Mumbai (AsiaNews) - The Church in India has come out in favour of the principal of a Catholic school in Mumbai, saying that "everyone has the right to express their opinion."
This follows a controversy caused by Fr Frazer Mascarenhas SJ, principal at St Xavier's College, who posted his reflections on India's current election on the school's website.
Reacting to the post, the Hindu nationalist Bharatiya Janata Party (BJP) asked the Election Commission to have the post deleted.
In his article, the Jesuit clergyman raises questions about "what constitutes human development and how it is to be achieved."
In so doing, he focused on the Gujarat model, a state ostensibly on a path of development free from communal tensions.
Narendra Modi, the BJP's prime ministerial candidate in this election, has been Gujarat's chief minister for the past ten years, after winning three consecutive elections.
However, Fr Mascarenhas debunks the myth spread by Modi's propaganda machine.
For the priest, India has some questions to ask itself. "Is the growth of big business, the making of huge profits the achievement of high production - what we seek? Or is it the quality of life for the majority in terms of affordable basic goods and services and the freedom to take forward the cultural aspirations of our plural social groups that make up India?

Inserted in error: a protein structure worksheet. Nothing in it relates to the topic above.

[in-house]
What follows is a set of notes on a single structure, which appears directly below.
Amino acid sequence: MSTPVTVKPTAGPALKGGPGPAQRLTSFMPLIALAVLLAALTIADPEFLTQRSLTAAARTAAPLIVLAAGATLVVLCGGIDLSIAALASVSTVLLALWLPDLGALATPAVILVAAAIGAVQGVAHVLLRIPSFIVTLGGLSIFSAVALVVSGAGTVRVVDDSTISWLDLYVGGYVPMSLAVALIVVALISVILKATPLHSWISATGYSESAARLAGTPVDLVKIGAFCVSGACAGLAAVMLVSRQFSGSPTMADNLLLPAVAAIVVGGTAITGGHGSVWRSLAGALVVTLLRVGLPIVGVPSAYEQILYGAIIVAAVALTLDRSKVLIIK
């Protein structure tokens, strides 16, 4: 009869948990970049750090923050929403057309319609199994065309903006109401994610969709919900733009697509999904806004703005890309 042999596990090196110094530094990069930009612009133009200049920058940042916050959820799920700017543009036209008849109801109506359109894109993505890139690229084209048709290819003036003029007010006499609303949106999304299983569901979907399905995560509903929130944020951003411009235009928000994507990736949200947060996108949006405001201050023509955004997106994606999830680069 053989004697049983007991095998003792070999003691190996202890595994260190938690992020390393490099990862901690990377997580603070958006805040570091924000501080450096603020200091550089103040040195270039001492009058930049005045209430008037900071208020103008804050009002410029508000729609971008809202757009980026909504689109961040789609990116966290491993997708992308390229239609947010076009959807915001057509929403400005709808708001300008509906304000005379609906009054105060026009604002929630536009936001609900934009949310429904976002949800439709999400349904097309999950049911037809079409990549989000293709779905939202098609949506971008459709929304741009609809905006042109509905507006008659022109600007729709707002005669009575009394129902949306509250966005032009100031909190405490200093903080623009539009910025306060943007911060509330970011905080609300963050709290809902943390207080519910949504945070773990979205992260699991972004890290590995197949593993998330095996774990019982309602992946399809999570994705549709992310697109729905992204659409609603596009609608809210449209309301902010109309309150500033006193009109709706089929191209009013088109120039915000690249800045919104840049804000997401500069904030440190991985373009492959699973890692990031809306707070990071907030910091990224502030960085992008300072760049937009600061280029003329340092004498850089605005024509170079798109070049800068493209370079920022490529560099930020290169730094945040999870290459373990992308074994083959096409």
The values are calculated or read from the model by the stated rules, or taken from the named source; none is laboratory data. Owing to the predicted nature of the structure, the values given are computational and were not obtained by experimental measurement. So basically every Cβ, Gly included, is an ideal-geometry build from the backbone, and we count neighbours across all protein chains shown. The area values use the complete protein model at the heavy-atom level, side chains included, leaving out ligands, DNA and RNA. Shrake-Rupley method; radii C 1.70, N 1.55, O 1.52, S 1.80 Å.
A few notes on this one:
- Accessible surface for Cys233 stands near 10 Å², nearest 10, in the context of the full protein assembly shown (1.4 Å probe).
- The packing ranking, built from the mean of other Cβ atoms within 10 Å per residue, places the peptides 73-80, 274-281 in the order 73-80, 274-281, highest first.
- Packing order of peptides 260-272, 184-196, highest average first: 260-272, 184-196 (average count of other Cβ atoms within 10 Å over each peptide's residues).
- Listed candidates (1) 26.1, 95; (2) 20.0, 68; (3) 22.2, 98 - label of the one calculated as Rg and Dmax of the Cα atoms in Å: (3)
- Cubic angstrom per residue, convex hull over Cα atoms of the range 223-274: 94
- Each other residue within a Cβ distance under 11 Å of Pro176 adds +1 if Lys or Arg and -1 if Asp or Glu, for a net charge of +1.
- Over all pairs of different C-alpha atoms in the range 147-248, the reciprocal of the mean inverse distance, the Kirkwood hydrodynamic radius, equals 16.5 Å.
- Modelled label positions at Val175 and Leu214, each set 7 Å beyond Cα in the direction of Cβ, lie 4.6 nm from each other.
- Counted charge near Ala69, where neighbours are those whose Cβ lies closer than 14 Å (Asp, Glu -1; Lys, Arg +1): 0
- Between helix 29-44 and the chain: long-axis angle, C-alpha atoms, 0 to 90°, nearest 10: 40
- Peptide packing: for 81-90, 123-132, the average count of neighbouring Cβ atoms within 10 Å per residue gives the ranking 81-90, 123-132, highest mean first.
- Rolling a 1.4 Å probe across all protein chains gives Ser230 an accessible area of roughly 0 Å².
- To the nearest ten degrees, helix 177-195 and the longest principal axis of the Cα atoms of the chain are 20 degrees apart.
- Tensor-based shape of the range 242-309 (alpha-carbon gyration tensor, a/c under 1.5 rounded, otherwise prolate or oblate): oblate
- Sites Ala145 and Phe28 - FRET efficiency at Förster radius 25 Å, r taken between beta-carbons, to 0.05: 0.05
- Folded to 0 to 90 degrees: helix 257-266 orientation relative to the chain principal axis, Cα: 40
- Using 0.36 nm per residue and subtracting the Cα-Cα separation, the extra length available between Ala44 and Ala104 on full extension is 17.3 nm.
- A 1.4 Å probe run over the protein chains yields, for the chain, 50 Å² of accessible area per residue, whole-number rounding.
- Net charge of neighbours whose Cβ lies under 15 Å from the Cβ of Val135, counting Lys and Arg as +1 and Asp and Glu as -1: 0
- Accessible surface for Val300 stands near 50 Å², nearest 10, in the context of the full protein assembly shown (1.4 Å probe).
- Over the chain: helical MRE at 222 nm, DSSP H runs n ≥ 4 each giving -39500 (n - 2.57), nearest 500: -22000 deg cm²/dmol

In the first case, which corresponds to the Gujarat model, "The prospect of an alliance of corporate capital and communal forces coming to power constitutes a real threat to the future of our secular democracy," words that elicited the BJP's reaction.
For Card Oswald Gracias, archbishop of Mumbai, "Fr Frazer gave an objective analysis. An educator educates his students to examine situations in an objective manner. It is a shame that the issue has been politicised."
"In a democracy everyone has a right to state his or her opinion," said Fr Errol Fernandes SJ, principal of the Commerce Section at the same college. "This must always be done with dignity and without any attempt to malign the name of another."
"Fr Frazer has not imposed his view on anyone," Fr Fernandes explained. "Those who have read him are welcome to have their own point of view and even to differ."